Smiling, I tell her that I’m just that kind of someone. As we walk, she clutches her arms to her stomach. Thinking she’s cold, I offer my jacket. Politely, she says no.

When we reach the edge of the park, she stops suddenly.

“Thank you” I hear her say.

Holding up her hand to wave me good-bye, I see the razor slashes and blood stains on her stomach. Then I start to see through her as begins to disappear.

“I knew you looked like some one nice.” I hear her say as she vanishes completely.

Memphis Note
osedly, Overton Park is haunted by the body of a girl from the 1960s that was found stabbed to death and floating in the lake. She is known to ask people for help, but vanishes when they try.

Blake Palmer

Bobby Jenkins was a precocious kid. He was reading years ahead of his grade level, dressing himself, keeping his room clean, but his feet still didn’t touch the floor as he sat at the kitchen table, eating the oatmeal he’d prepared.

“Hello.” Said the pale girl sitting opposite of him.

He looked up and waved. He didn’t talk with his mouth full.


Bobby nodded. “Arbitrary grab from the cabinet.” He’d learned that word this week.

“Your house is nicer than what we had. Before the Yellow Fever took all us.”

Frowning, Bobby scolded her. “I told you, if you’ve got to stop talking like that if you’re going to keep coming around.”

Tears welled up in here eyes. “I know. I just miss my family.”

“You could go to them,” Bobby nudged, gently.

“But I’m scared! Scared to leave my home. Even if it is your home now.”

His mom walked into the kitchen, still putting on her ear rings. “Who are you talkin’ to, kiddo?”

Bobby looked up. The chair across from him was empty.


His mother looked at him curiously for a moment, the mussed his hair.

“C’mon, time to get to school.” She said.

Memphis Note
The Yellow Fever epidemic dotted the city with graves, both hidden and marked, single and mass. It is inescapable that was as time wears on, something will get put atop them. And when that happens, who knows what gets stirred up.

Scout Anglin

“Pst. Hey, buddy! Over here!”

I jerked up right, eyes wide, sweat pitting my coveralls. I thumbed off the vacuum cleaner and listened in the darkness.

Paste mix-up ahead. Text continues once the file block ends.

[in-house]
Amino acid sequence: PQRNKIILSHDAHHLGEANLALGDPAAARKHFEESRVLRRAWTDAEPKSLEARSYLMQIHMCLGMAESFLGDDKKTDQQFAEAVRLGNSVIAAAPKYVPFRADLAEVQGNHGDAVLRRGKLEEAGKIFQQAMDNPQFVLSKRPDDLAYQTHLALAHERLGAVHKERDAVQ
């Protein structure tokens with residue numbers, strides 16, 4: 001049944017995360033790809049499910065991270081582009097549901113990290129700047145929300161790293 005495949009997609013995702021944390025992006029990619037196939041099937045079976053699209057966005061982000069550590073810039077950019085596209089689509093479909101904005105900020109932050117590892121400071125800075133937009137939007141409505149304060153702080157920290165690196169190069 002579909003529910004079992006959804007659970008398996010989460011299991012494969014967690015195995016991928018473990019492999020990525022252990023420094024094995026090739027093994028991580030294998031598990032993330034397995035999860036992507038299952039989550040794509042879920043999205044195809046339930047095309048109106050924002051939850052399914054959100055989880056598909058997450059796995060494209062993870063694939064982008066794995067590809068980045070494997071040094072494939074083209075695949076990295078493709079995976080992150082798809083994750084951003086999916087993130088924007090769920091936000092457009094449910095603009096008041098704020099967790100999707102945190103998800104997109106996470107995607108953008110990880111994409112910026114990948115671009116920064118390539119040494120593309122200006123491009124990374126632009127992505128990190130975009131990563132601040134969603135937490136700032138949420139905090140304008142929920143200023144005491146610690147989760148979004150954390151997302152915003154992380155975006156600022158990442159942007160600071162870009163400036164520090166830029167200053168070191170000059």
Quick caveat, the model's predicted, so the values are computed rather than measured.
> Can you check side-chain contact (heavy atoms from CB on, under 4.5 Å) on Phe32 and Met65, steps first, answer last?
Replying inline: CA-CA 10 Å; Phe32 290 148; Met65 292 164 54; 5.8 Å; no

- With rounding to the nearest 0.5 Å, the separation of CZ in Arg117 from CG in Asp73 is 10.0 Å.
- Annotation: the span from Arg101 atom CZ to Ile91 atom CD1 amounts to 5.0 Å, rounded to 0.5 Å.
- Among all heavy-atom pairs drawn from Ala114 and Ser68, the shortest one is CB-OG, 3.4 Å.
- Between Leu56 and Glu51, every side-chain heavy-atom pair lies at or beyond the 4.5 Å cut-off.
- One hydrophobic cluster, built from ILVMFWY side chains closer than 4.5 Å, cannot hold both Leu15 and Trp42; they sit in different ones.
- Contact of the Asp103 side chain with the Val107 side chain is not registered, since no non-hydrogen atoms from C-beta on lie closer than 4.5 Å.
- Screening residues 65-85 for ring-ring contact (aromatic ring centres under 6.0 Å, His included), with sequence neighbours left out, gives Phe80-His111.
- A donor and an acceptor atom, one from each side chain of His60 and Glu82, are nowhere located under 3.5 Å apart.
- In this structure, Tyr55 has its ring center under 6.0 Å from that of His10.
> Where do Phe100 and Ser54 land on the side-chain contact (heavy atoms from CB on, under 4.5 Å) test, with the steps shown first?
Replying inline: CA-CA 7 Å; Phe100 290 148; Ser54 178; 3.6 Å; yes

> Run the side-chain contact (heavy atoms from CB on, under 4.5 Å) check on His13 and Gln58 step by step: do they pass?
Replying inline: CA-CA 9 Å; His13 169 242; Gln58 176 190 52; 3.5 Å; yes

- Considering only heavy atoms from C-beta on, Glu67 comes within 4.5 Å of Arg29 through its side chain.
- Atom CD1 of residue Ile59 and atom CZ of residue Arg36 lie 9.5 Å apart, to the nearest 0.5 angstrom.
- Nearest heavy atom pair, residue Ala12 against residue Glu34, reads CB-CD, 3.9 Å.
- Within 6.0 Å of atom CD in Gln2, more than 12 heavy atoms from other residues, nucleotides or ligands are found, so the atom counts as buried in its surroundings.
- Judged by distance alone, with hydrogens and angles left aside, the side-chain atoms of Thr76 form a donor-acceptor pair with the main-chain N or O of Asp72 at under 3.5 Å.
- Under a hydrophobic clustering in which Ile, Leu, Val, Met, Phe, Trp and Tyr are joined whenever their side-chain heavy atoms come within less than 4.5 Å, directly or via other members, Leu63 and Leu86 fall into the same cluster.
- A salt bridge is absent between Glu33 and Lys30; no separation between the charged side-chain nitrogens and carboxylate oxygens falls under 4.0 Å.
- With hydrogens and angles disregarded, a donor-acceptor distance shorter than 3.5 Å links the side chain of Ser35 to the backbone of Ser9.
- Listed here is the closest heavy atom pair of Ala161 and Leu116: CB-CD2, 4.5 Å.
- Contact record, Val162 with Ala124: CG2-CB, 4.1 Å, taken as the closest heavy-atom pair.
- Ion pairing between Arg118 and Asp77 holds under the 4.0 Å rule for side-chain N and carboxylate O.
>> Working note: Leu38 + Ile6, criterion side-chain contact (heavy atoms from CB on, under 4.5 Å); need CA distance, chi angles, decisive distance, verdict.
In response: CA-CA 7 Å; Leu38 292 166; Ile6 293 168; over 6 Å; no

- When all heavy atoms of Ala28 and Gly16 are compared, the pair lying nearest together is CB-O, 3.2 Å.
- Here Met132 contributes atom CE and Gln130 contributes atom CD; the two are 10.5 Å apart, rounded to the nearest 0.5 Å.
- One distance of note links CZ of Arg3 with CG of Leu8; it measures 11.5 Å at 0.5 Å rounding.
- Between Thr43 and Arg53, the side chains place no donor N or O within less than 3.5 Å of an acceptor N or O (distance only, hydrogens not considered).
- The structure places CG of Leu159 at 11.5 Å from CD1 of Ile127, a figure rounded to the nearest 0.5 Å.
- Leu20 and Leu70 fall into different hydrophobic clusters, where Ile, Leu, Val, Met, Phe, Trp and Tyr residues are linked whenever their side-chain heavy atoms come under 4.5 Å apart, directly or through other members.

That had to have been my mind playing tricks on me, the Pink Palace had been closed for hours. The security guards swept through before maintenance went to work, no way there was still some one in here.

But there it was again. “Over here!”

The words were coming from the shrunken head.

Its dried, leathery eyes were open, as were its lips in a distended grin.

“Hey! He catches on…finally.”

I stepped over to the stand the head rested on, scared out of my mind, but also a little fascinated.

“You’re not supposed to be talking to me. You’re not supposed to be talking at all! You don’t have a tongue!”

It frowned at me.

“What do you want?”

“I want what every desiccated head wants.”

“…Brains?” I took a step back.

“Brains? What? No! Where the hell did you get brains? Space ice cream! They’ve got some down in the gift shop! Bring it to me and I’ll grant you a wish or something.”

Turns out, shrunken heads can’t grant wishes.

Memphis Note
One of the most infamous and awesome treasures of the Pink Palace Museum is their shrunken head. A real shrunken head, mind you. It has a goatee. At some point, the museum stashed it way, probably for reasons very similar to what I’ve laid out in the story above. I think it is back out on display now, though. Ready to scare an entirely new generation of children.